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Rep. Brian Banks bound over for trial after preliminary hearing

DETROIT – State Rep. Brian Banks, (D-Harper Woods), was back in court Tuesday for a preliminary hearing as he faces four felonies stemming from the repayment of a loan before he took office.

Banks was bound over for trial.

Michigan Attorney General Bill Schuette charged Banks with two counts of uttering and publishing, one count of false statements as to financial condition and one count of false statements to defraud or cheat.

The charges are in connection with a personal loan from the Detroit Metropolitan Credit Union in 2010.

Banks wins primary fight

Despite the legal challenges, Banks pulled out a victory in the August primary for the 1st State House District seat.

He defeated five other candidates and moves on to the November general election. They included Pamela Sossi, Kameshea Amos, Corey Gilchrist, Washington Youson and Keith Hollowell.

Banks first won election to Michigan's 1st House District in 2012. The district includes parts of Detroit, Harper Woods, Grosse Pointe Woods and Grosse Pointe Shores.

Defense makes motion to disqualify

The defense started the preliminary hearing with a motion to disqualify, asking the judge to recuse herself.

“Mr. Banks had advised me that in his state representative capacity he was invited to the 36th district court to give a legislative update. Your honor was present with several other members from the judiciary court. Mr. Banks indicated that there was a very heated confrontation between you and him and he questioned your ability to be fair,” the defense said.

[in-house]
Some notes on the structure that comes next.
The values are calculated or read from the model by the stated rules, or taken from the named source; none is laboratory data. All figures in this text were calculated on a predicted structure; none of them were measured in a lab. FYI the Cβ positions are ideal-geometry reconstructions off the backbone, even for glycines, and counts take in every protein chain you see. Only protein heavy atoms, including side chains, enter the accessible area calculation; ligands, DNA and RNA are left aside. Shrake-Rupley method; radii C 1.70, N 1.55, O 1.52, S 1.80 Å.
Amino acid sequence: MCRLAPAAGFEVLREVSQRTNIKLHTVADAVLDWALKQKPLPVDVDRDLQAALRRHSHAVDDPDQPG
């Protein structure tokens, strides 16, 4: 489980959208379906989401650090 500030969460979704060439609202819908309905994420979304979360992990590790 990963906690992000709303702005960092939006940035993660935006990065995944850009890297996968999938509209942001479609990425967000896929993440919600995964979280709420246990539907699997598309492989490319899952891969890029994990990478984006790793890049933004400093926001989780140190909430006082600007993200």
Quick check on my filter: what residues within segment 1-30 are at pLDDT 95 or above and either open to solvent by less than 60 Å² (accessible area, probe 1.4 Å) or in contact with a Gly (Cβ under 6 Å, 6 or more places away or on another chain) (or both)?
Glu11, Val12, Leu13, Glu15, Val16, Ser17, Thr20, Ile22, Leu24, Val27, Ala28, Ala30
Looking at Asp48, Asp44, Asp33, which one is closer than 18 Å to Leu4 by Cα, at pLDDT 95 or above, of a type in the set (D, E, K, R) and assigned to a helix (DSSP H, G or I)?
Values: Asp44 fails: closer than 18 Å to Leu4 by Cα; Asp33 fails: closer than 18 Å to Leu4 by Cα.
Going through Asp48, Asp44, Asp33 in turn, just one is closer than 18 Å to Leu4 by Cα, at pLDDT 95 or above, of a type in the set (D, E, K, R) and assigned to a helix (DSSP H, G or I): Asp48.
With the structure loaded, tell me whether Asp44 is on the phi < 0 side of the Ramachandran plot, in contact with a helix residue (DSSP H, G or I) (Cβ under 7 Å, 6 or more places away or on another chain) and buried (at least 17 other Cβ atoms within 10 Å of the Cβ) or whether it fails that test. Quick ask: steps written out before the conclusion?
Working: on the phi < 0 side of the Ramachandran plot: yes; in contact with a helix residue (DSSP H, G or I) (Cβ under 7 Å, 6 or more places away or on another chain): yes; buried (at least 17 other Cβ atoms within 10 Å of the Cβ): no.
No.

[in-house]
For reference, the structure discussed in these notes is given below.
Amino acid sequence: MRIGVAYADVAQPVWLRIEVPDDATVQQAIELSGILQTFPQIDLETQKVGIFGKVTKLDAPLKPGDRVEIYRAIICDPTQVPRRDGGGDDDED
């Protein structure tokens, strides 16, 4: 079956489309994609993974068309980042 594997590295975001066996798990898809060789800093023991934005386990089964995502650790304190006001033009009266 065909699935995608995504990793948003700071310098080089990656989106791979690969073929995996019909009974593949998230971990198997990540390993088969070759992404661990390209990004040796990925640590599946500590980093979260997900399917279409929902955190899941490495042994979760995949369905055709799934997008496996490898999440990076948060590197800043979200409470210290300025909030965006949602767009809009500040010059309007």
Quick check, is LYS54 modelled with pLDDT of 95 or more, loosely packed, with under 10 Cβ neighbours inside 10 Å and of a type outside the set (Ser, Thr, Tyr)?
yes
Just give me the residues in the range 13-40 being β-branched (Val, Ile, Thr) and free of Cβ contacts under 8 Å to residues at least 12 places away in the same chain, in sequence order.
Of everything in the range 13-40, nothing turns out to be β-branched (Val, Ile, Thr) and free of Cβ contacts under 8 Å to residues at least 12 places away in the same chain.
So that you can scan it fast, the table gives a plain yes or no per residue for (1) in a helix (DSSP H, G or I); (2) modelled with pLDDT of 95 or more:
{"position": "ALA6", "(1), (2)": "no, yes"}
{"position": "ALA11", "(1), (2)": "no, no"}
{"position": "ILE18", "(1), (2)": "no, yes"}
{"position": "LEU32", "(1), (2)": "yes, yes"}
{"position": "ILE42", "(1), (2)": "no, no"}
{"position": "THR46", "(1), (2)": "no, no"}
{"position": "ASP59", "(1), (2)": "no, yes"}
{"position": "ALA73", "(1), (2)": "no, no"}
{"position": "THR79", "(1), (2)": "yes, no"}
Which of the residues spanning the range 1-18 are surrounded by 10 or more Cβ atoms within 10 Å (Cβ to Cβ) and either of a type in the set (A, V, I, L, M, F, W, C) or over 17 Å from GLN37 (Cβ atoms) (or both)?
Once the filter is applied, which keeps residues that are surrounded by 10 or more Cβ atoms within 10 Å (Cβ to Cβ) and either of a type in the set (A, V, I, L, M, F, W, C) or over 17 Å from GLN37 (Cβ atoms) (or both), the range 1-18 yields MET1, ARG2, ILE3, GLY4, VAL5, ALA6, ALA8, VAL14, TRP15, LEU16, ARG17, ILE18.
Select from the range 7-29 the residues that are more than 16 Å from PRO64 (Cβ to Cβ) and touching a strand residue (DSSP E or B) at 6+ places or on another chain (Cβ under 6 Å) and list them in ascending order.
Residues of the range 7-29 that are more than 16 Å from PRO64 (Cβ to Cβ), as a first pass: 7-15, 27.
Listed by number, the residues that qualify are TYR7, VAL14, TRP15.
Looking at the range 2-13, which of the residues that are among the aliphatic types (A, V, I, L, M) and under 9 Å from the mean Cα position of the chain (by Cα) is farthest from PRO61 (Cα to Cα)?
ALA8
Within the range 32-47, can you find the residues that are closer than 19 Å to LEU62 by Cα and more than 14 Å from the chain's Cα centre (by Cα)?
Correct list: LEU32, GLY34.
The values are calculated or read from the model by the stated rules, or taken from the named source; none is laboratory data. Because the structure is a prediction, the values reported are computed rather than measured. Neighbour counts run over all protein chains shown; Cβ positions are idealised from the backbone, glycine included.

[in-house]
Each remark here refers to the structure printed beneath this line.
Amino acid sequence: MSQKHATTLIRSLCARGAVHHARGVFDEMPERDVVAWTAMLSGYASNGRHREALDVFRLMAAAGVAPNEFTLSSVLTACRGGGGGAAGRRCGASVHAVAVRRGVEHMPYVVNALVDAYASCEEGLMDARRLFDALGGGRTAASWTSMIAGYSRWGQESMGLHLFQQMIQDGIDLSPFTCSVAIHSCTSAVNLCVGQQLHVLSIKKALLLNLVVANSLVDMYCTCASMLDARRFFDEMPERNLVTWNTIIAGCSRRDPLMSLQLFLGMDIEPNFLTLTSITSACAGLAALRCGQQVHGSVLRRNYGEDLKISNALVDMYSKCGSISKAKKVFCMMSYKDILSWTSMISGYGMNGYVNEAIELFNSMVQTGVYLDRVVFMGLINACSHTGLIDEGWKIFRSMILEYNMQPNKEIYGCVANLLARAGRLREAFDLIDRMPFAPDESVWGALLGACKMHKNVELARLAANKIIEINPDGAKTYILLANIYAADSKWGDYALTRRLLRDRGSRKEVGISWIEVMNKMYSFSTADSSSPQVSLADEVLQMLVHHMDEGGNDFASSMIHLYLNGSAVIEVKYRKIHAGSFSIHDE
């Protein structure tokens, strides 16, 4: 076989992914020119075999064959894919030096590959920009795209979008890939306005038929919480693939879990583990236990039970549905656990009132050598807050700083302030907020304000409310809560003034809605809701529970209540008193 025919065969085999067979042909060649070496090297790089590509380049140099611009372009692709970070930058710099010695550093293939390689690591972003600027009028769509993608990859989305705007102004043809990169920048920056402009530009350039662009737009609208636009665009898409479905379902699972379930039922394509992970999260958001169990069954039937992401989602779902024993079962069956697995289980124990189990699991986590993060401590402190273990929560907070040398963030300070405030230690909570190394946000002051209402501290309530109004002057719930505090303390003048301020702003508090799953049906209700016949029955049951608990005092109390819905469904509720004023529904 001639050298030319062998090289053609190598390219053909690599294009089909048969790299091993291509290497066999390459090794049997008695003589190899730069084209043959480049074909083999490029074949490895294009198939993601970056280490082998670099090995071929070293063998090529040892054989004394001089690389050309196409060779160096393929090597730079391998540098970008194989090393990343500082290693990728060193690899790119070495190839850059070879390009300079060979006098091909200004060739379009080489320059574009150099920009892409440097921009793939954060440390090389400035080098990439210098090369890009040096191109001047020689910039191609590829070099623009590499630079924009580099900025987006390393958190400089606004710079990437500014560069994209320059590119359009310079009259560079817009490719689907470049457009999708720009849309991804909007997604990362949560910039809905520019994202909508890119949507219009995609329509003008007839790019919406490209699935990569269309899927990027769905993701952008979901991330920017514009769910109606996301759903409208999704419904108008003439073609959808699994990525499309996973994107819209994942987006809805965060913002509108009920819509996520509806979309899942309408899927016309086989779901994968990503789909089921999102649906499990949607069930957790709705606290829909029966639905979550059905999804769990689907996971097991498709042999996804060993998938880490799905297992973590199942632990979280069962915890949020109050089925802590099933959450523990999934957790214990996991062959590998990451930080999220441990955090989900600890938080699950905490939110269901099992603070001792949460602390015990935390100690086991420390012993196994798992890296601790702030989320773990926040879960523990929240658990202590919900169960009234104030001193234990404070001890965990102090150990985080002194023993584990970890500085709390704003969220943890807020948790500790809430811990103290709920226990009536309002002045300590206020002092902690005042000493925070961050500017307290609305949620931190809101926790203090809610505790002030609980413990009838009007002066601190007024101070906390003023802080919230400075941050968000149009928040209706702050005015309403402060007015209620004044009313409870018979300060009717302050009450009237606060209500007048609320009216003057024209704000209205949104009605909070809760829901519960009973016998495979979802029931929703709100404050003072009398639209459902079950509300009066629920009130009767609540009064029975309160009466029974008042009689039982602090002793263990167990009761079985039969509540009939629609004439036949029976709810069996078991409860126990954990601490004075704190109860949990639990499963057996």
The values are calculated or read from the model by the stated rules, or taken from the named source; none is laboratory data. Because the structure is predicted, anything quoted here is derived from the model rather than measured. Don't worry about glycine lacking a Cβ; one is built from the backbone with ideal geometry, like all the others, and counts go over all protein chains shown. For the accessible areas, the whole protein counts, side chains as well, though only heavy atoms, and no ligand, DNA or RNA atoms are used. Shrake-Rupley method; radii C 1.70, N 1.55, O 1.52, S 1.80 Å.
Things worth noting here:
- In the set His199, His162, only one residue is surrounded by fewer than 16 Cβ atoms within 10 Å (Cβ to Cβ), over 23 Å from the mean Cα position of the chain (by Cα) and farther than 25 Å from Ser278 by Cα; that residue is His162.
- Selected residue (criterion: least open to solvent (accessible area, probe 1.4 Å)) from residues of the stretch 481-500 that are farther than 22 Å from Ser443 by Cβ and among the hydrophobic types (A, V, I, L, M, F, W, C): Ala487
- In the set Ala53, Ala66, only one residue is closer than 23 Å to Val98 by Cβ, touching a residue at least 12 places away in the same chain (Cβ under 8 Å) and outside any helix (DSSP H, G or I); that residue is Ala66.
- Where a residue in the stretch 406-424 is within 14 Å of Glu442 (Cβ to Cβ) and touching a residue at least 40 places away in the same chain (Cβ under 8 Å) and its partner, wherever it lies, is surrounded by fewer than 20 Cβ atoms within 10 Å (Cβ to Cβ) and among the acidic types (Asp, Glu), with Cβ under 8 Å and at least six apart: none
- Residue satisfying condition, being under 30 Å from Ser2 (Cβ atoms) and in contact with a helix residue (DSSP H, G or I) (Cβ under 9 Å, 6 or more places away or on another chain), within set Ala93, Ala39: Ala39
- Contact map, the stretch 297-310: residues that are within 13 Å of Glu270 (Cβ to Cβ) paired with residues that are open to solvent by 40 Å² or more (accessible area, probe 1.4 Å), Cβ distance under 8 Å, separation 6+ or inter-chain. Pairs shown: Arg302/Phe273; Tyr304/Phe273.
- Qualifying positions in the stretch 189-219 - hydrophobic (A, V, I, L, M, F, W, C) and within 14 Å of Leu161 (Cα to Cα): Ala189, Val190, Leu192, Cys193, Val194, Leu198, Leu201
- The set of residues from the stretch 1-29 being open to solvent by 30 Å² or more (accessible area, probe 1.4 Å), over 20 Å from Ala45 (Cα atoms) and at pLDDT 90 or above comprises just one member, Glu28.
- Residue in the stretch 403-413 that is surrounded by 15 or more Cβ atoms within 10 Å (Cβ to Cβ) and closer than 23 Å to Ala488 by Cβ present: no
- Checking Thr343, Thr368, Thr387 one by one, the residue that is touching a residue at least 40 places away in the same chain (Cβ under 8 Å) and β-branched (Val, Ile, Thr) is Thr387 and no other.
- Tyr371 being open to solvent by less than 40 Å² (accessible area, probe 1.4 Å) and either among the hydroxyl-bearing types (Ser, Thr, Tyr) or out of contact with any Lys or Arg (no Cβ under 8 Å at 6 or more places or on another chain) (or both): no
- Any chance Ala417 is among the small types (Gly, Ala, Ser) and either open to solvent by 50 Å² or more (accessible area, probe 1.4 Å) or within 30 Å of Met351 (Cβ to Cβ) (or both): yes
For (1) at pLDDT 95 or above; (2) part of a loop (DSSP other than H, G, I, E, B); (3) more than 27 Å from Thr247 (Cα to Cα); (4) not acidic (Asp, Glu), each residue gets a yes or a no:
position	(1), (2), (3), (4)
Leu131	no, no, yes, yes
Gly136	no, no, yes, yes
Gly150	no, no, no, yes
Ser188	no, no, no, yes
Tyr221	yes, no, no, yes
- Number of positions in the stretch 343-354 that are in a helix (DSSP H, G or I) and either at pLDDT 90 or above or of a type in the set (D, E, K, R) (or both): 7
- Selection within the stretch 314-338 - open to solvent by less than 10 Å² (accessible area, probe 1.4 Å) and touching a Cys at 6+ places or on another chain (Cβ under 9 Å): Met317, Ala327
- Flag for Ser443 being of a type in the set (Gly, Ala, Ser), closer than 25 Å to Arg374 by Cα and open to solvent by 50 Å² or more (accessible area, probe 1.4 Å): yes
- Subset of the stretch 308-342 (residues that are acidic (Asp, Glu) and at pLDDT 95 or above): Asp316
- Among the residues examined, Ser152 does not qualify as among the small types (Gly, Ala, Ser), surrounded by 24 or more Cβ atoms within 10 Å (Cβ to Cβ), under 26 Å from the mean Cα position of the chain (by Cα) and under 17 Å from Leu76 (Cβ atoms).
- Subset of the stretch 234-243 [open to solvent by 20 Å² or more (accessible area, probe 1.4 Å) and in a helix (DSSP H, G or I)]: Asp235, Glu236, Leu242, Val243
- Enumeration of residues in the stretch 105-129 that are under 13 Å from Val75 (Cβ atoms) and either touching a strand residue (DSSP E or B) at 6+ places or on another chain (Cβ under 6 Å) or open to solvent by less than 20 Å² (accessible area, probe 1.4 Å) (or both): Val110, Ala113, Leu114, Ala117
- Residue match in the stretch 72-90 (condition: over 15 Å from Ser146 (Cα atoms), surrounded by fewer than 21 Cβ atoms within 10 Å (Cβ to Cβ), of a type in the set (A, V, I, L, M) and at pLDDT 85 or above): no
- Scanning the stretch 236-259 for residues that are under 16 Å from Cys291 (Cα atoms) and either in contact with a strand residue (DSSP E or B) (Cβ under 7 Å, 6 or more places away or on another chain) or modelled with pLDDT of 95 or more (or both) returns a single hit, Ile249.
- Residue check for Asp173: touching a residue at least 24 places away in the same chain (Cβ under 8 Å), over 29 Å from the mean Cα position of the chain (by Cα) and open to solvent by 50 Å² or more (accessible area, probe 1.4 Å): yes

The defense argued that interactions with the court and Mr. Banks creates a bias and a prejudice.

"Your honor referred to either Mr. Banks or Mr. Banks’ behavior as a prick on at least three different conversations," the defense said. "Your honor was also upset that the exam got put in to August and I said as prick for appealing,” the defense said.

“In your motion, Mr. Banks told you something that’s completely made up,” Judge Deborah Langston said. “I don’t have any prejudice against Mr. Banks. These charges stem from some things that happened six years ago. It’s incumbent upon the attorney general’s office to prove them, and that’s what they’ve got to do today.”

The motion was denied.

Witness discusses phony paystubs

The prosecutor called a senior consultant at IHI Consultants, to the stand to discuss her involvement in the creation of phony paystubs.

“He asked if I had a document that could produce a paystub,” she said.

She was asked if she produced fake paystubs for Banks but before she answered, defense counsel noted that the witness should have an independent attorney since she may incriminate herself.

An appointed attorney was brought in to speak to her about her testimony. She confirmed on the stand that she created false paystubs for Banks.

Loan officer takes stand

Pauleen Foreman worked for Diversified Members Credit Union and took the stand, discussing the loan that Banks requested and the loan he was approved for.

Foreman indicated that she wasn’t the one who took the application paperwork for the loan, but that she initially denied it and later decided to consult further, getting a second opinion with the CEO of the credit union. Her manager was the one who gave her permission to approve the loan.

The original loan Banks requested was for $7,500. He was ultimately approved for a $3,000 loan.

Foreman said that she relied on the pay stubs, as well as the assertion that Banks was employed with IHI Consultants, to approve the loan.

Defense calls agent to testify

The defense called FBI agent Gwen Rosenthal to testify to the facts of the case and about the interactions with witnesses.

A civil suit was discussed between Banks and the credit union, and the defense argued that a satisfaction of judgement related to the loan shows that Banks acted in good faith and paid the loans back in full.

The prosecutor argued that the crime was committed when Banks submitted the application and that a jury can make a decision as to how Banks

Judge Langston disagreed with defense and bound Banks over for trial.